Australian Securities and Investment Commission Enforcement Policies, Processes and Decision-Making Procedures Review
In 2018-2019 Professor Ramsay was appointed by the Chair of the Australian Securities and Investments Commission to be a member of the ASIC Enforcement Policies, Processes and Decision-Making Procedures Review. The terms of reference for the review stated that it should identify what changes should be made to ASIC’s enforcement policies to ensure they are aligned with internal and external expectations of ASIC and ensure ASIC obtains enforcement outcomes that are necessary for a fair, strong and efficient financial system for all Australians. The Review should particularly focus on policies, processes and decision-making procedures relevant to:
- whether or not to enforce the law using criminal and civil proceedings or other regulatory options; and
- the effectiveness and timeliness of the conduct of litigation and of enforcement outcomes.
The review submitted its report to ASIC in January 2019. In February 2019 ASIC announced that it had adopted the recommendations in the report including the establishment of an Office of Enforcement within ASIC.
Registered Charities and Governance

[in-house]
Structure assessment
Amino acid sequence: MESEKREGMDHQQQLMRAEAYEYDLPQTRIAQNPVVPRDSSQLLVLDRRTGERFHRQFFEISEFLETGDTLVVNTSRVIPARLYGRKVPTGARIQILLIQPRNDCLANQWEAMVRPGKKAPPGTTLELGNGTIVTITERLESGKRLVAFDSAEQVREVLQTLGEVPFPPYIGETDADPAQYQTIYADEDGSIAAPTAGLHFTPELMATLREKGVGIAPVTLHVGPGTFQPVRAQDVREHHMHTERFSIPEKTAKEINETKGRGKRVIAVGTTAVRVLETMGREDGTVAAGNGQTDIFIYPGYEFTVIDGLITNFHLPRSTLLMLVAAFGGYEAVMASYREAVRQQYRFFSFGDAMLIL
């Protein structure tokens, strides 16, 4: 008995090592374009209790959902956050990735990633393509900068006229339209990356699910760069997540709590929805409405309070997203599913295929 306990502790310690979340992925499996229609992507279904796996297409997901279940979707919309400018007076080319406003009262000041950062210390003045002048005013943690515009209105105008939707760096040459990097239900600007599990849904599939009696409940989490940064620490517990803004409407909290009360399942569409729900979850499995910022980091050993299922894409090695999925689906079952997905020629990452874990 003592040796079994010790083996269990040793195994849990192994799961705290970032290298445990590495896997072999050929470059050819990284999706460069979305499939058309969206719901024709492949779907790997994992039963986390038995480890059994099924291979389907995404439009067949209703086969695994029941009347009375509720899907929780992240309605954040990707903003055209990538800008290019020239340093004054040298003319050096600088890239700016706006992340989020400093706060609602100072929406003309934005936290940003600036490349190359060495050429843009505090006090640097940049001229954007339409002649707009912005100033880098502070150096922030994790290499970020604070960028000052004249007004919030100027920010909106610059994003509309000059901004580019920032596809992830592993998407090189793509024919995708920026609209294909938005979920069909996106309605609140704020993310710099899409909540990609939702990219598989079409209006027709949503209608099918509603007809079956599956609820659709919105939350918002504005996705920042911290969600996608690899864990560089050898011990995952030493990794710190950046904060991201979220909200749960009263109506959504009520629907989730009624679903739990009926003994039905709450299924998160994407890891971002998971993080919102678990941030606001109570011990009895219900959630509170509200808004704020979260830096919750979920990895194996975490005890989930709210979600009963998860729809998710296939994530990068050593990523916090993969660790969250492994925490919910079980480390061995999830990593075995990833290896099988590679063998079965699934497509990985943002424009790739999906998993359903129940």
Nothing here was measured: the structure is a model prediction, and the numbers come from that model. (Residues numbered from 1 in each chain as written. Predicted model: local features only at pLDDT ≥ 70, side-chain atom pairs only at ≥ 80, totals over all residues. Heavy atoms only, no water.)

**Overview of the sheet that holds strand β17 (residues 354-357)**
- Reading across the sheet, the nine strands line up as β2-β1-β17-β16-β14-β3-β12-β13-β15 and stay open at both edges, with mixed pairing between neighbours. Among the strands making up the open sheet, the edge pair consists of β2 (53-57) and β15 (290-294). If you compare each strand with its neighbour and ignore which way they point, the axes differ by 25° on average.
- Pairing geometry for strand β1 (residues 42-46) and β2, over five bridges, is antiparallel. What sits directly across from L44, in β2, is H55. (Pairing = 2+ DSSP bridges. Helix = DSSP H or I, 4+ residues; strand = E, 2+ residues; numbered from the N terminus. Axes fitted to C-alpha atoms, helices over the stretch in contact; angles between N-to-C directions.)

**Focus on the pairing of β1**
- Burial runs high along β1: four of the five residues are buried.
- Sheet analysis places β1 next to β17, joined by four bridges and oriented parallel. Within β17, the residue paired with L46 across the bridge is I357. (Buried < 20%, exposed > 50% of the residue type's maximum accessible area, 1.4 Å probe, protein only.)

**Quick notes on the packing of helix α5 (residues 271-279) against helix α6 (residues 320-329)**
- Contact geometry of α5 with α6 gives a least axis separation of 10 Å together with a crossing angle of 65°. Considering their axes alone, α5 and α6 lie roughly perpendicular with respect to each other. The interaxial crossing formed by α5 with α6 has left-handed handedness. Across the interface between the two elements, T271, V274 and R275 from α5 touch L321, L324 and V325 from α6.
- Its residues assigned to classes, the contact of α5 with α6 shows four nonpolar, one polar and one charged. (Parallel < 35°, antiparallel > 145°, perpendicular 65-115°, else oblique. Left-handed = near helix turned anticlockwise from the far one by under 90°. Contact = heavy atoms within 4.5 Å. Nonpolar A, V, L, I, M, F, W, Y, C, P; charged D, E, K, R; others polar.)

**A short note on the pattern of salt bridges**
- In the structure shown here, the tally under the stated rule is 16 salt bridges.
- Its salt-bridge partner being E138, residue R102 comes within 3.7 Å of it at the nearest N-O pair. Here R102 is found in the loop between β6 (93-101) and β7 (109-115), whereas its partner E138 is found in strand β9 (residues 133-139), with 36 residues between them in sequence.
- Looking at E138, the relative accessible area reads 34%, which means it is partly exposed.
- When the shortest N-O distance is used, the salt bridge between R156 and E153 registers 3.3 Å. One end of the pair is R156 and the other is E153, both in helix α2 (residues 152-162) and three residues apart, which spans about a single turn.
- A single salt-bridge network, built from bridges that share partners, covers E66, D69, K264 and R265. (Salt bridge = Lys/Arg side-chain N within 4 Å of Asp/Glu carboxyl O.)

In 2017 Ian Ramsay and Miranda Webster published an article titled “Registered Charities and Governance Standard Five: An Evaluation”. In this article they noted that most charities must comply with a set of five governance standards to be registered as a charity by the Australian Charities and Not-for-profits Commission (ACNC). Governance standard 5 outlines the duties of the individuals who govern registered charities – the “responsible entities” of the charities (typically directors or management committee members). They argued that governance standard 5 has introduced increased complexity to the obligations of registered charities and to the duties of the individuals who are deemed to be responsible entities. They also argued that the ACNC governance framework has reduced the accountability of the individuals who work for registered charities that are incorporated under the Corporations Act 2001 (Cth). The article was cited in the 2018 Government report “‘Strengthening for Purpose: The Australian Charities and Not-for-profits Commission Legislation Review” and the report recommended that the duties in the Corporations Act that had been turned off in relation to responsible entities as a result of the introduction of governance standard 5 should be turned back on. In the Government Response to the report published in 2020, the Government stated that it would release a consultation paper seeking the views of the sector on the merits and risks of turning back on the directors’ duties under the Corporations Act for charitable companies.